The Consortium formed as a result of a three-year action research programme that looked at making impact assessment more useful for MFIs.
The industry context: pre-1999
Microfinance was regarded as an important poverty reduction strategy for developing countries, and understanding (and improving) its impact was seen as central to poverty alleviation. Historically, though, the emphasis on impact assessment stemmed from funders’ requirements rather than helping MFIs to improve their service to clients.
However, there was growing recognition of the need to develop impact assessment tools that were more useful for practitioners. The AIMS programme (Assessing the Impact of Microenterprise Services), sponsored by the United States Agency for International Development (USAID), redefined the impact assessment agenda, and successfully developed a range of lower-cost and credible impact assessment tools. But this still left the challenge of integrating impact assessment into MFIs’ learning and development processes, so that clients’ needs became central to their work.
To address this challenge, the Imp-Act action research programme aimed to improve and develop impact assessment systems that respond to the needs of the MFI, its clients, and other stakeholders, and in doing so, to improve the quality of microfinance services and their impact on poverty.
The Imp-Act action research programme
Phase I: 1999–2001
The Ford Foundation sponsored a project to develop a proposal to carry out an action research programme. The consultative process began in late 1999, when several hundred expressions of interest were received from MFIs around the world. Prospective partners were selected to ensure a balance of geographical spread, methodology, and organisational approach. A three-day planning workshop was held in June 2000, which reviewed the 'state of the art' in microfinance impact assessment, and gave an overview of the issues facing individual organisations and the industry as a whole.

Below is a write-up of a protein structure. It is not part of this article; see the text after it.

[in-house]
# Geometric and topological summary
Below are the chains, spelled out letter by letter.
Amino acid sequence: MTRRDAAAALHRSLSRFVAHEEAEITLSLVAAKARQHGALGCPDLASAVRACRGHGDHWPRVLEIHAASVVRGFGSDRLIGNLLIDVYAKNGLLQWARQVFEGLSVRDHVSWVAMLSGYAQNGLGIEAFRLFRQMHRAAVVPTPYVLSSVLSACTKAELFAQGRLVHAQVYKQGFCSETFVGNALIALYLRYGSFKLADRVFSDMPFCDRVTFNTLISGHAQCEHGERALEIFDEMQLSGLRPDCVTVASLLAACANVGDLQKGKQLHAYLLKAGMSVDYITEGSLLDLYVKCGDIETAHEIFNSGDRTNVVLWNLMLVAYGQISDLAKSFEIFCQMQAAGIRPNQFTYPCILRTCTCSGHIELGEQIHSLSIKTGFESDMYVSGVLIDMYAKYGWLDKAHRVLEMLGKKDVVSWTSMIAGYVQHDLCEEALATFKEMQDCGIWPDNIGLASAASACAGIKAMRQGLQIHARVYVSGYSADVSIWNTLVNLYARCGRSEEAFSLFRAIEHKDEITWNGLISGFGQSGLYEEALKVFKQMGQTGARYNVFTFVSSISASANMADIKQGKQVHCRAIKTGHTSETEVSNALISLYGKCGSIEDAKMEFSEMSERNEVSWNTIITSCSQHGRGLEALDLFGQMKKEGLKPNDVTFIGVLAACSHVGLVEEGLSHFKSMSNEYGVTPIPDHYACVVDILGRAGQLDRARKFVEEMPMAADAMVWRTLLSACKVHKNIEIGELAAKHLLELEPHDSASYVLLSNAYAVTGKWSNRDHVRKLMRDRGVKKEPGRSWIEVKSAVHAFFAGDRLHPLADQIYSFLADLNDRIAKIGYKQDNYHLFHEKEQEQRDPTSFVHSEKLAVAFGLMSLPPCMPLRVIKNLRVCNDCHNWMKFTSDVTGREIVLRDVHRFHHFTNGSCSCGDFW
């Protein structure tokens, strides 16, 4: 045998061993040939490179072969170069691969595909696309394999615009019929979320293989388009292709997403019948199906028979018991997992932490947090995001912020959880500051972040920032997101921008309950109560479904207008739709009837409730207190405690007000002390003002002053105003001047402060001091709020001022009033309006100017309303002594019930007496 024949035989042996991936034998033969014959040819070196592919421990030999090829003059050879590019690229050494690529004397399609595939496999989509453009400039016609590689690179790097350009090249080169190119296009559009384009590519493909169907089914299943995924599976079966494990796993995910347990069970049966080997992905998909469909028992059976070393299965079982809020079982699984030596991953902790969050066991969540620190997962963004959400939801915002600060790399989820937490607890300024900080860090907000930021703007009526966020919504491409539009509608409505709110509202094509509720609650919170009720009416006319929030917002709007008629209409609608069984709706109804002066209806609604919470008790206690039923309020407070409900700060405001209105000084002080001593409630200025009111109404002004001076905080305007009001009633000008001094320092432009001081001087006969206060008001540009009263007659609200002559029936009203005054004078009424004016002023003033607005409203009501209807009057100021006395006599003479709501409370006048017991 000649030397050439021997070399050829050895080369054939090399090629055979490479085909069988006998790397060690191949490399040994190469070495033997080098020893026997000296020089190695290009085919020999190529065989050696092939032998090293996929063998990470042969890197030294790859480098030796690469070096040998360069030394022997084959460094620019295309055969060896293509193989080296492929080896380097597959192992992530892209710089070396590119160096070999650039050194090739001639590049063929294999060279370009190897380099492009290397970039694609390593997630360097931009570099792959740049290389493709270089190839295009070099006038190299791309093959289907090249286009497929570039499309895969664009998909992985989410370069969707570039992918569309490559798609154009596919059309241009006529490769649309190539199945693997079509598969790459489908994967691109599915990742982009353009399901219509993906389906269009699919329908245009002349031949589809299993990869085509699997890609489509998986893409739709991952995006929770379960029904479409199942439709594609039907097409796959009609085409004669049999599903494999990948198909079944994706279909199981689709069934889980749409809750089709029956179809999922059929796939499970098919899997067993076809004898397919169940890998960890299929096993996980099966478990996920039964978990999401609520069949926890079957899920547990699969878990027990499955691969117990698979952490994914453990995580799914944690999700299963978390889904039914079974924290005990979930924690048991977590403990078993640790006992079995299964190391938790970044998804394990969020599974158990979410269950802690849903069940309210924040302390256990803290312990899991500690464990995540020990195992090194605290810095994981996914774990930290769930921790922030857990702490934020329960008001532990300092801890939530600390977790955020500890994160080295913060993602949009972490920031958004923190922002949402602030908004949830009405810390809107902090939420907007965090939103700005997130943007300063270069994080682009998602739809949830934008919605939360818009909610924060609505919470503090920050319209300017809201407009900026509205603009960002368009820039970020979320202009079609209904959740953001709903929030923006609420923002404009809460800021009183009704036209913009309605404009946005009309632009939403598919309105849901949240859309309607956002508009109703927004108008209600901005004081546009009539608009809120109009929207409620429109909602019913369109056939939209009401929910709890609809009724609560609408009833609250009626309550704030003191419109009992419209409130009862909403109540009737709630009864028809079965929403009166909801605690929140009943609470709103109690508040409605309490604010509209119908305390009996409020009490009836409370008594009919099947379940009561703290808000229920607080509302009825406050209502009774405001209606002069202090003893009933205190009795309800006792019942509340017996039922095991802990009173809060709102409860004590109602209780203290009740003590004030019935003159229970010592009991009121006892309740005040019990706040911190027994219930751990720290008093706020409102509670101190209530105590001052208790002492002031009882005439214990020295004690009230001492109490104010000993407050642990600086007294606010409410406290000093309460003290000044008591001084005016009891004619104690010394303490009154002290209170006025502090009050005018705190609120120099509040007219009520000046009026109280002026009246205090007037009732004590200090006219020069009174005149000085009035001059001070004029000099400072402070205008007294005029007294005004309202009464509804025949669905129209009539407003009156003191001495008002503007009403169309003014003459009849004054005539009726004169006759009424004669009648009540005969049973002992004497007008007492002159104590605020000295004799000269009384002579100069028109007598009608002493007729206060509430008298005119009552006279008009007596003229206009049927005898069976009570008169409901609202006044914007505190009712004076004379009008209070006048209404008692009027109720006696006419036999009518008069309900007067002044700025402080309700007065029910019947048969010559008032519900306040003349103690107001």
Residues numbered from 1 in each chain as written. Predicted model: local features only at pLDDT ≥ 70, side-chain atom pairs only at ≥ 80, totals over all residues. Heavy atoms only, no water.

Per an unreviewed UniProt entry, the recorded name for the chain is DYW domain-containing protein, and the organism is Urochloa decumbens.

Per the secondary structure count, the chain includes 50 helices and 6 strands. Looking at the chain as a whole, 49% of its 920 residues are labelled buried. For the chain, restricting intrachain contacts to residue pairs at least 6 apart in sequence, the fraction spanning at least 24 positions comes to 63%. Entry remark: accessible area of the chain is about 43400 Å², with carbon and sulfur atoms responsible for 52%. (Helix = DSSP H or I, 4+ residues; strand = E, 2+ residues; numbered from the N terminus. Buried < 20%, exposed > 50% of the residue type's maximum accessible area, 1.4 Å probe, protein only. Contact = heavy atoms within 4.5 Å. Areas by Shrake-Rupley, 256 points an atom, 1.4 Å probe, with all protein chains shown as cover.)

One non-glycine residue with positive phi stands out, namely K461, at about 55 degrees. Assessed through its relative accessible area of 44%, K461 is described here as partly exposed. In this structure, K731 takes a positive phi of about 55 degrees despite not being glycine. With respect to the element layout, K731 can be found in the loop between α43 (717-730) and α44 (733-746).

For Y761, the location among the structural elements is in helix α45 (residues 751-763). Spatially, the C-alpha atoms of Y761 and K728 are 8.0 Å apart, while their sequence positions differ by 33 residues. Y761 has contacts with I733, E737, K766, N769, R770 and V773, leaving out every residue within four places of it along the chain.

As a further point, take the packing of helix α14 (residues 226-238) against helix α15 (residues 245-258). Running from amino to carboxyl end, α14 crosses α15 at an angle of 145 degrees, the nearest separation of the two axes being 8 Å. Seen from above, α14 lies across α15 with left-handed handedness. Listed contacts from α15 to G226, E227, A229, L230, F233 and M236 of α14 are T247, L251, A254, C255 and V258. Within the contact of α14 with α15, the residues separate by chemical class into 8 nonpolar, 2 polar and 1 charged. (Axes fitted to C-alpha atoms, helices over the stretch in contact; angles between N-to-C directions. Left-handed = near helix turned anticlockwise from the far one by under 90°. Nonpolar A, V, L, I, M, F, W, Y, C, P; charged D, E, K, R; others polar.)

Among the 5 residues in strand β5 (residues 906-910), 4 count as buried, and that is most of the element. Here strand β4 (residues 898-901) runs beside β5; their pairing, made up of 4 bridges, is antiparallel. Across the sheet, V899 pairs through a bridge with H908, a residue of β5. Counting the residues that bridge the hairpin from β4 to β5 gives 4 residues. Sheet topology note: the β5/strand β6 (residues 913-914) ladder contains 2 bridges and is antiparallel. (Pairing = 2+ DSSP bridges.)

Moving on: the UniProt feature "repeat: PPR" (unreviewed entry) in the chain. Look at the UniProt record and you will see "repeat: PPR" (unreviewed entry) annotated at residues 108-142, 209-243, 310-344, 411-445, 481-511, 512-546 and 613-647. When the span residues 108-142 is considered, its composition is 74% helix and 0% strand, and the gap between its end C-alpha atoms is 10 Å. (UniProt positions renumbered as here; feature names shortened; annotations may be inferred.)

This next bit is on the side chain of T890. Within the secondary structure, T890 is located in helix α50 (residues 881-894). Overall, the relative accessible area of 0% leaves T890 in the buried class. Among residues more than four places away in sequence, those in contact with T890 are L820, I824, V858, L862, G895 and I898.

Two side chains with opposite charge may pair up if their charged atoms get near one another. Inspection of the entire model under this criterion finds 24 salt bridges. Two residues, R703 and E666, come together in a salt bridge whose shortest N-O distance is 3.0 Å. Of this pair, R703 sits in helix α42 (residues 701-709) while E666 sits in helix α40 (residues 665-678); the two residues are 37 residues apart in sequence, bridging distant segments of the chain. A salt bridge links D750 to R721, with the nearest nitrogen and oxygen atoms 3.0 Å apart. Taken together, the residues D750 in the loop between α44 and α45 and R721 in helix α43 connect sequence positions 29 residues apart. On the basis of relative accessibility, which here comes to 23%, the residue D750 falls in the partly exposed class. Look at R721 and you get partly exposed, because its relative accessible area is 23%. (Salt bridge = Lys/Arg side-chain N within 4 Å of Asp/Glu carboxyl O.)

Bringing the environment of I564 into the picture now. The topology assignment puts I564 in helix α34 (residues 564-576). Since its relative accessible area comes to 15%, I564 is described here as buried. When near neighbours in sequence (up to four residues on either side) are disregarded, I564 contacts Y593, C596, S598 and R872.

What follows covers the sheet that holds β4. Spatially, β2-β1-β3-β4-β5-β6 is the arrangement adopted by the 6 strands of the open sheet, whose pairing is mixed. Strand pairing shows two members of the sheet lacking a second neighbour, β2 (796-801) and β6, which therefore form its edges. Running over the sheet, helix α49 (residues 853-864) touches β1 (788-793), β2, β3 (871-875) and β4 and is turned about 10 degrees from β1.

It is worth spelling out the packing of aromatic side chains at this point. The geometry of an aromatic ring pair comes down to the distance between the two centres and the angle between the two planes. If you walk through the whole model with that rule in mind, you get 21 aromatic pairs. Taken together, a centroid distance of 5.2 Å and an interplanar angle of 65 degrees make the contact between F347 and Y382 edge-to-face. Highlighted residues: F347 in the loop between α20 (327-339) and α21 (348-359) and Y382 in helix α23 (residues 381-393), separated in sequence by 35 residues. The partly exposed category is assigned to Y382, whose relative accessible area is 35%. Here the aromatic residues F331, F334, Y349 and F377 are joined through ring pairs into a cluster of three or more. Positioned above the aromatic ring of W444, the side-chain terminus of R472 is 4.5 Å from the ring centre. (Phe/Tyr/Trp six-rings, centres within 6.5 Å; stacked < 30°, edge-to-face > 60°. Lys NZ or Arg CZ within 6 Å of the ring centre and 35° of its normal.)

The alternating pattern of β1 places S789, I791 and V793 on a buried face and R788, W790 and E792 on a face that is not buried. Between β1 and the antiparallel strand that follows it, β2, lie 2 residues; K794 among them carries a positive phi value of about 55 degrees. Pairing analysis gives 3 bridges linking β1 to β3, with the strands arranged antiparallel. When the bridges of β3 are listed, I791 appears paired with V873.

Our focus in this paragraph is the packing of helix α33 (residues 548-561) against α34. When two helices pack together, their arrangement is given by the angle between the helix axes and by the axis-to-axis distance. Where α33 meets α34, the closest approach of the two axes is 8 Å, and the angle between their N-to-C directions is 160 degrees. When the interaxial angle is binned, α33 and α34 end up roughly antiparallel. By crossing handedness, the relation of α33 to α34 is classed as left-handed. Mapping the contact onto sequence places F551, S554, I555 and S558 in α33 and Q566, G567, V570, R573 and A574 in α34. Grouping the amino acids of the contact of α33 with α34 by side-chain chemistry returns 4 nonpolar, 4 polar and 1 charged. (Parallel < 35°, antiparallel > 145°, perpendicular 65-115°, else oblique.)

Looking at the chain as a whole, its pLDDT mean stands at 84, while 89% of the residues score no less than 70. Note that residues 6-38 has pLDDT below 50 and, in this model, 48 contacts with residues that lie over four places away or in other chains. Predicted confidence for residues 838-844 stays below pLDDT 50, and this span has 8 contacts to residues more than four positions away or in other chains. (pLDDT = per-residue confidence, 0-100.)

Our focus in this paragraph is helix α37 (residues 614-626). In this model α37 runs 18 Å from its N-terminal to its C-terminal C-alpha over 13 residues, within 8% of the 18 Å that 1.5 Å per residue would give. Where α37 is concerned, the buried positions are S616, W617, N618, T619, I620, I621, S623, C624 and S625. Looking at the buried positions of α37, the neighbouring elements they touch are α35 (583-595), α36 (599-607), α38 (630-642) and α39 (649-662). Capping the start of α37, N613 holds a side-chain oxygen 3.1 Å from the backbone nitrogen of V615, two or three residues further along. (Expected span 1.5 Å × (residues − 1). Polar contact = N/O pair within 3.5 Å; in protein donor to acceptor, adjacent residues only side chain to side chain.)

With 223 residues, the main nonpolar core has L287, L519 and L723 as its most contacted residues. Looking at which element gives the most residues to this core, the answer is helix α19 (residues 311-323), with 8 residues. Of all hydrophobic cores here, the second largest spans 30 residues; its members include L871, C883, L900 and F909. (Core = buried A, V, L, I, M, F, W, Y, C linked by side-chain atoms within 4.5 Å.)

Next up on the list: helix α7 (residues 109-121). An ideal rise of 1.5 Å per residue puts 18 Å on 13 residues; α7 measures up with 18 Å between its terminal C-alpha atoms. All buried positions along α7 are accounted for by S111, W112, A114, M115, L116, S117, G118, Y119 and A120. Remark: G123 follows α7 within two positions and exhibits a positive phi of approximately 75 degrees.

Phase II: 2001–2004
Imp-Act began working with MFI partners to help them develop internal systems to give them the information they need to monitor progress towards their social and financial goals. We also sought to develop core principles on social performance in microfinance.
Overall, the programme helped to move the industry's focus away from impact assessment to understanding and managing the process by which an MFI can achieve these impacts – the process of social performance management. The programme’s findings were brought together in a set of Guidelines for Social Performance Management in Microfinance, as well as the two-volume book, Money with a Mission.
Training development phase (2005)
A small team of individuals from around the world developed a new approach to training and supporting MFIs to improve their social performance management. The aim was to transfer the knowledge and skills needed to design and implement an effective SPM system, and to support MFIs to use social performance information to balance the social and financial dimensions of their decision-making.
Formation of a consortium (2006 to date)
Building on these foundations, in 2006, seven organisations involved in developing the SPM training formed the Imp-Act Consortium, and launched a three-year project to scale up good practice social performance management within the microfinance industry. The Consortium now has 12 members, and focuses on advocacy, capacity building, and knowledge management. Read more about our work here >